You’ll have to take my word

Last night, I had another of my listening gatherings.  Seven down, 2 or 3 more to go. People have been generous with their stories, with their time, with their willingness to start considering new possibilities for how we move into the future.  But it had been a long day. A parishioner with nothing and nobody to call her own died unexpectedly and we are scrambling to do right by her. One of the guilds had their monthly meeting and had asked me to be the presenter. I’m finishing up all the plans and preparations for Advent and Christmas, both the ones at home and the ones here at church.  And my self is catching up, still, with the emotional roller coaster of the weekend with our far-away girl.

By the time I was done with my workday, it was 8 pm and one who is scattered even on good days, I walked out without my cell phone.  I was far enough down the road when I figured that out to decide not to turn back for it, especially since it was raining cats and dogs and getting colder by the moment. I prayed for safe passage to L’boro and kept going.

For the most part, in the less than 12 hours I was phone-less, I felt liberated. When I started up my car, the thermometer said it was 31 degrees out and it sure did have that feel/smell of just-about-to snow-time. I’d heard the worst of the wet front that came through was clearing out last night so I convinced myself I was mistaken and headed out the driveway, to our street and then to Broad Street/Hwy 29.

It was when I got to Lowndesboro that I realized I’d read the weather right. It had been snowing enough that there was a very visible dusting/gathering of snow on the limbs of the trees all the way down Broad Street. I passed one tree where there were a couple of cardinals sitting on a branch. That vivid red, the insistent white of the snow that demanded to be seen, and the mossy darkness of an evergreen in winter it was all gorgeous.

Finally, I missed having my phone. If I had had it, I would have taken a picture to share. So you’ll just have to take my word. But mark the date.  On November 15 of 2018, at 7:13 in the morning, we had snow in Lowndesboro, AL. Not enough to make a whit of difference, but enough to feast the eyes on. And feel that tiny little hop and dip of anticipation in the belly because Christmas coming. It  will be a complicated and fraught time for the Mallowman and me; it always is. And sad for sure, without our girl with us to celebrate with. Nonetheless. There are moments like the one this morning when I want to stop time long enough to truly, deeply, experience the gratitude that comes as I draw one breath, and then another.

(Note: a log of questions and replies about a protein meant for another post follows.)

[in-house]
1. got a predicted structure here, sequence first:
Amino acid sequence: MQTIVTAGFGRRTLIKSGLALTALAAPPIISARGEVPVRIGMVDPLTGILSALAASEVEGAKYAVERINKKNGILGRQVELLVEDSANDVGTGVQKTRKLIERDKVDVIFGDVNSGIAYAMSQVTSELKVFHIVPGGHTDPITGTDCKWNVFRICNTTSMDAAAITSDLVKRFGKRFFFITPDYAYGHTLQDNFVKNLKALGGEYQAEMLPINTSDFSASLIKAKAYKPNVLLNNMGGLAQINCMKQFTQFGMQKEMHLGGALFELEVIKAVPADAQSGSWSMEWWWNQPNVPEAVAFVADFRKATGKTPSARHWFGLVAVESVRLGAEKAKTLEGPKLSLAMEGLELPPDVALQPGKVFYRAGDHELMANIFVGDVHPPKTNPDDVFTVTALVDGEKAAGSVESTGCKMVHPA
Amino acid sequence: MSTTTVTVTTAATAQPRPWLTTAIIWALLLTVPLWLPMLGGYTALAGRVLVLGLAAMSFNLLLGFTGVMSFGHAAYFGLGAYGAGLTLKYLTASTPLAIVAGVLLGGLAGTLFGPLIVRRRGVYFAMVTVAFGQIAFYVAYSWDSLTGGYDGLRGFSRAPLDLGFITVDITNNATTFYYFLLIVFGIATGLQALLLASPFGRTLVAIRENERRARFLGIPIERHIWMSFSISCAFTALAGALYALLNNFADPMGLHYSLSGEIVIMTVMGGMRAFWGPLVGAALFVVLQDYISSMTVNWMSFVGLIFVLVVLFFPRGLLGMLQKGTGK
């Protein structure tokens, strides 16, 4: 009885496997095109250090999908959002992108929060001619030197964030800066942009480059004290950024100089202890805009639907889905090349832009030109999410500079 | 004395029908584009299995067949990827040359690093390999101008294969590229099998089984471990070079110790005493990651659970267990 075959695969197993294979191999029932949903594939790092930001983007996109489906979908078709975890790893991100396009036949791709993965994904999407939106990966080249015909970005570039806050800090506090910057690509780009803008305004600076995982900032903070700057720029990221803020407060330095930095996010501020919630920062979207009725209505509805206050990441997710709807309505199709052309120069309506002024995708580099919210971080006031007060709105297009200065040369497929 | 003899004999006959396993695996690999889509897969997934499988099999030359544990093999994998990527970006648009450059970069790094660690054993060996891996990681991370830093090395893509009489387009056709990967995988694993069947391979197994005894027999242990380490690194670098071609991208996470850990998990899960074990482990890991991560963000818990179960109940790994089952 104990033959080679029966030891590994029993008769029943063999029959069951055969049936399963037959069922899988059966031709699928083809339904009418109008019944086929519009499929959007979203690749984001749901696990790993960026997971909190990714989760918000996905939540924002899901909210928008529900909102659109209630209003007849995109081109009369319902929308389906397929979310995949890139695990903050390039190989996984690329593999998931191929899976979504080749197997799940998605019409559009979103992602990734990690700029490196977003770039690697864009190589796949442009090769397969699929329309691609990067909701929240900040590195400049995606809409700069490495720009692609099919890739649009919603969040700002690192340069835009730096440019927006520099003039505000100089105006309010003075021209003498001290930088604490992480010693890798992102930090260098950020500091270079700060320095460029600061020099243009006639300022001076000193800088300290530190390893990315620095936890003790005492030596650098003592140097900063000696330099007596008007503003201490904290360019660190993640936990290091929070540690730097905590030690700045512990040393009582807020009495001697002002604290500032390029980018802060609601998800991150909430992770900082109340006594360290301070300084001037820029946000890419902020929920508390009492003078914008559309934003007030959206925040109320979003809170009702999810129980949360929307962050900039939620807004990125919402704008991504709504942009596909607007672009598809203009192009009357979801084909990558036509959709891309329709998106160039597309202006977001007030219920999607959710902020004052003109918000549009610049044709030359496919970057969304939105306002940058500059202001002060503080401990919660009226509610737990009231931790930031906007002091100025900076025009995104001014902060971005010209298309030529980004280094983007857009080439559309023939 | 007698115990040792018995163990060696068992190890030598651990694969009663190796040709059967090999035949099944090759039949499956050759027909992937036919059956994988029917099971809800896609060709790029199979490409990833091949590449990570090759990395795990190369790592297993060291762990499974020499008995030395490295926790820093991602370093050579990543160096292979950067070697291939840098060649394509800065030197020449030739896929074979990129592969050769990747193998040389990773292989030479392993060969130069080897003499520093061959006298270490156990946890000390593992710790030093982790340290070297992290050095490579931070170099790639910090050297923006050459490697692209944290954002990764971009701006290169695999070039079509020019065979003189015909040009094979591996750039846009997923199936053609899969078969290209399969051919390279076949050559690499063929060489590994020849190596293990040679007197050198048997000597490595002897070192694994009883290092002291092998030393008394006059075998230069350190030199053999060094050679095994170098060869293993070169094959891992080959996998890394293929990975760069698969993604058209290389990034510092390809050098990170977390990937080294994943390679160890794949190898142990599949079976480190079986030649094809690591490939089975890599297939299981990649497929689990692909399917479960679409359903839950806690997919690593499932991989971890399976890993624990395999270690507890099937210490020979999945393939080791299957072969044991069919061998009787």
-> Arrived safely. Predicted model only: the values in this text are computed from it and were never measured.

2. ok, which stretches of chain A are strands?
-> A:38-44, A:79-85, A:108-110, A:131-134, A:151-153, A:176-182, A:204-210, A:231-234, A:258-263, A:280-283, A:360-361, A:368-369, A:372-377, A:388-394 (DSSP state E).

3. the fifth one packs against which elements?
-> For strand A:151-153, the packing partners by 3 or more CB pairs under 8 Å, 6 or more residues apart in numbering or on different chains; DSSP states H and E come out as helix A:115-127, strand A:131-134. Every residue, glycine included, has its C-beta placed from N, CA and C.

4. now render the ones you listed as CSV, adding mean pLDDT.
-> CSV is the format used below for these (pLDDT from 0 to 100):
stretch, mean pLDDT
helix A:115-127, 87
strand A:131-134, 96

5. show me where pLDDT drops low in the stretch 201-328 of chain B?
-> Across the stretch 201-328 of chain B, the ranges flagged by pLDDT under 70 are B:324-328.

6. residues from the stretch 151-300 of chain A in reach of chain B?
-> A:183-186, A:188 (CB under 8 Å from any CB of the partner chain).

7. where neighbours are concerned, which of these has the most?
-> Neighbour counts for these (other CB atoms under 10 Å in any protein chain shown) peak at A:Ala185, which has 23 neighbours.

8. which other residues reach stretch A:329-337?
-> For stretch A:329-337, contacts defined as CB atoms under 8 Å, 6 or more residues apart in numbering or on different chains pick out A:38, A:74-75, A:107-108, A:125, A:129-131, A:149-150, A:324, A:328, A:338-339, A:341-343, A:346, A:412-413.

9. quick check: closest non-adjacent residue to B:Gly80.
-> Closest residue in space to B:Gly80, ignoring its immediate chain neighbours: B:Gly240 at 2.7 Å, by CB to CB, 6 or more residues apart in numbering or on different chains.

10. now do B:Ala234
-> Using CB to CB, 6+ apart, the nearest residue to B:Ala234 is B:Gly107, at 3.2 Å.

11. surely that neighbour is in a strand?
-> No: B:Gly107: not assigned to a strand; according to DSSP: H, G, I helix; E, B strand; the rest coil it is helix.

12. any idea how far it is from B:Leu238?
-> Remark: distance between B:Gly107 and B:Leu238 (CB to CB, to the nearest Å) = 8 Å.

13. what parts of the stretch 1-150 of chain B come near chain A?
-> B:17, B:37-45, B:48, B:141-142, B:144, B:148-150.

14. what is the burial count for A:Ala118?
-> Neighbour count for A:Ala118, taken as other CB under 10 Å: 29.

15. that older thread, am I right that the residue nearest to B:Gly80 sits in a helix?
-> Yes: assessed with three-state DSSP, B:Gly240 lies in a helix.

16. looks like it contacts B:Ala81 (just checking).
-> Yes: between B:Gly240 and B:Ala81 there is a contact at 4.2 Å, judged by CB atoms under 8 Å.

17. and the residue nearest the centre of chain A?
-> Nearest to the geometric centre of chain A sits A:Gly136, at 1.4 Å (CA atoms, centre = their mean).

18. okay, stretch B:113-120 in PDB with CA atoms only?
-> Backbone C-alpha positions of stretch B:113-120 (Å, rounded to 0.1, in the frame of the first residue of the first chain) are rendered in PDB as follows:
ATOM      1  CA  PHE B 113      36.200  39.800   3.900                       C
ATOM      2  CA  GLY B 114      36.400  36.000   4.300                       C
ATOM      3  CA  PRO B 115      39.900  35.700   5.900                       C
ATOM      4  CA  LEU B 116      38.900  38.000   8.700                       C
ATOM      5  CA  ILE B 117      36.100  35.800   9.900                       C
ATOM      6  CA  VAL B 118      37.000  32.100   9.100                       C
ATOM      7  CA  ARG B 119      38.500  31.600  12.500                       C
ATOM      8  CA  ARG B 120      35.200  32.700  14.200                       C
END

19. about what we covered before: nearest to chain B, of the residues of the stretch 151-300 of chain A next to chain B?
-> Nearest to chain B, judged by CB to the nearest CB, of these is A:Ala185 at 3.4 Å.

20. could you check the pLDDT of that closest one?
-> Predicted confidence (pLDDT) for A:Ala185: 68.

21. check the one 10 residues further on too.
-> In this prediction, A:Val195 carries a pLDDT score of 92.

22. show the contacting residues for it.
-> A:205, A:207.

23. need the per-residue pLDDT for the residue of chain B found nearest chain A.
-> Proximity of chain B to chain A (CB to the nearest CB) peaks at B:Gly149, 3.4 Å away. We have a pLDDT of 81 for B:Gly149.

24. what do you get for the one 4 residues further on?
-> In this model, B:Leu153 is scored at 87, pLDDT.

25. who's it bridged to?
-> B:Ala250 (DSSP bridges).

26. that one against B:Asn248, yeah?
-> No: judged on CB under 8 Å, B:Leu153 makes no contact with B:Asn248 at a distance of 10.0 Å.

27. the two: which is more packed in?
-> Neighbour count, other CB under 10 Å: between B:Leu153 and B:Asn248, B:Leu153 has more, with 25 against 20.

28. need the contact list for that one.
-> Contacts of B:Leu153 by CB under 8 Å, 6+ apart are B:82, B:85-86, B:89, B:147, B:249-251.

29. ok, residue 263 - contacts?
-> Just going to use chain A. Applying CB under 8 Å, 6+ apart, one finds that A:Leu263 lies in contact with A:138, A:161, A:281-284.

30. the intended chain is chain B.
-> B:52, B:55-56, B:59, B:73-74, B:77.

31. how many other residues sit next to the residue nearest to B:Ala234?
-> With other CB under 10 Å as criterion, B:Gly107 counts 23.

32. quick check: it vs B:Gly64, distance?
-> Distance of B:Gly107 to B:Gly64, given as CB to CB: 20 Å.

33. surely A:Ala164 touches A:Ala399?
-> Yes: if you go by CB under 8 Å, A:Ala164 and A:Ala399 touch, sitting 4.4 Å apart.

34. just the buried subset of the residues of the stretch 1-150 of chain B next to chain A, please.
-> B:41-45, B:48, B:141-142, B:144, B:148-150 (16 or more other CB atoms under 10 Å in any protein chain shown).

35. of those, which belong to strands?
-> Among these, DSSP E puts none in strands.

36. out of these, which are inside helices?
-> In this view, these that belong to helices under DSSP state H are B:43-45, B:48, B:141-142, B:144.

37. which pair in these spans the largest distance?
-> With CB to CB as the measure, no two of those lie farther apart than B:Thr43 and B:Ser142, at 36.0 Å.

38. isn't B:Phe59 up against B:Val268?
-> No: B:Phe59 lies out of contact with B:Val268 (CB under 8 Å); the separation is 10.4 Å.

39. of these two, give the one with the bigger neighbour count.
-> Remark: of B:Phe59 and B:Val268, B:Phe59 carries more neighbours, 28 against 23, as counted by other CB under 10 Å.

Y’all: it snowed!

My daughter


I don’t write much about my girl any longer. It’s too hard and sad.  Luli has struggled with her behavior since April, when her visit with us went so wrong.  It’s a damned if you do, damned if you don’t viscious cycle.  When either of us visits her, we are with her for only a few hours, most of the time is spent traveling to ATL, then to Fort Lauderdale and back. And her behavior goes haywire when we leave. After the most recent round of issues, her behavior support team got on the phone with us yesterday.  We had a conversation that helped me put another small piece of the puzzle together.

The very first psychiatrist we ever worked with described Maria as having organic brain damage. He was the one who pushed Sherod and me to look at the situation with our precious child in terms of triage and to recognize that her little self had been so deeply broken through her infancy and before we were able to adopt her, that we had to be careful not to let our own lives be consumed by the dark and bitter realities of so much brokenness.

Those words, which I’d tried to forget, were with me when, some 10 years later, the amazing people who had gathered around our little family to help us care for Luz Maria, met us for breakfast one morning in the spring of 2012. These were people with the skills and heart we had needed to put pieces in place after we went through a rapid-fire series of placements in the adolescent psych units in Miami and Fort Lauderdale, when Maria was 13. Now, at 15, Maria was out of control again and we were going under with the stress and chaos of having a young person who had become dangerous to herself and us.  A bed was opening up in an intermediate care facility (ICF) and 6 weeks after our breakfast, on May 16, when Maria turned 16, she’d be eligible for placement there.  The two women who were having breakfast with us looked at us and said, “it is time to let go of her.  This is a place where Maria can live for the rest of her life where she will be safe and loved.”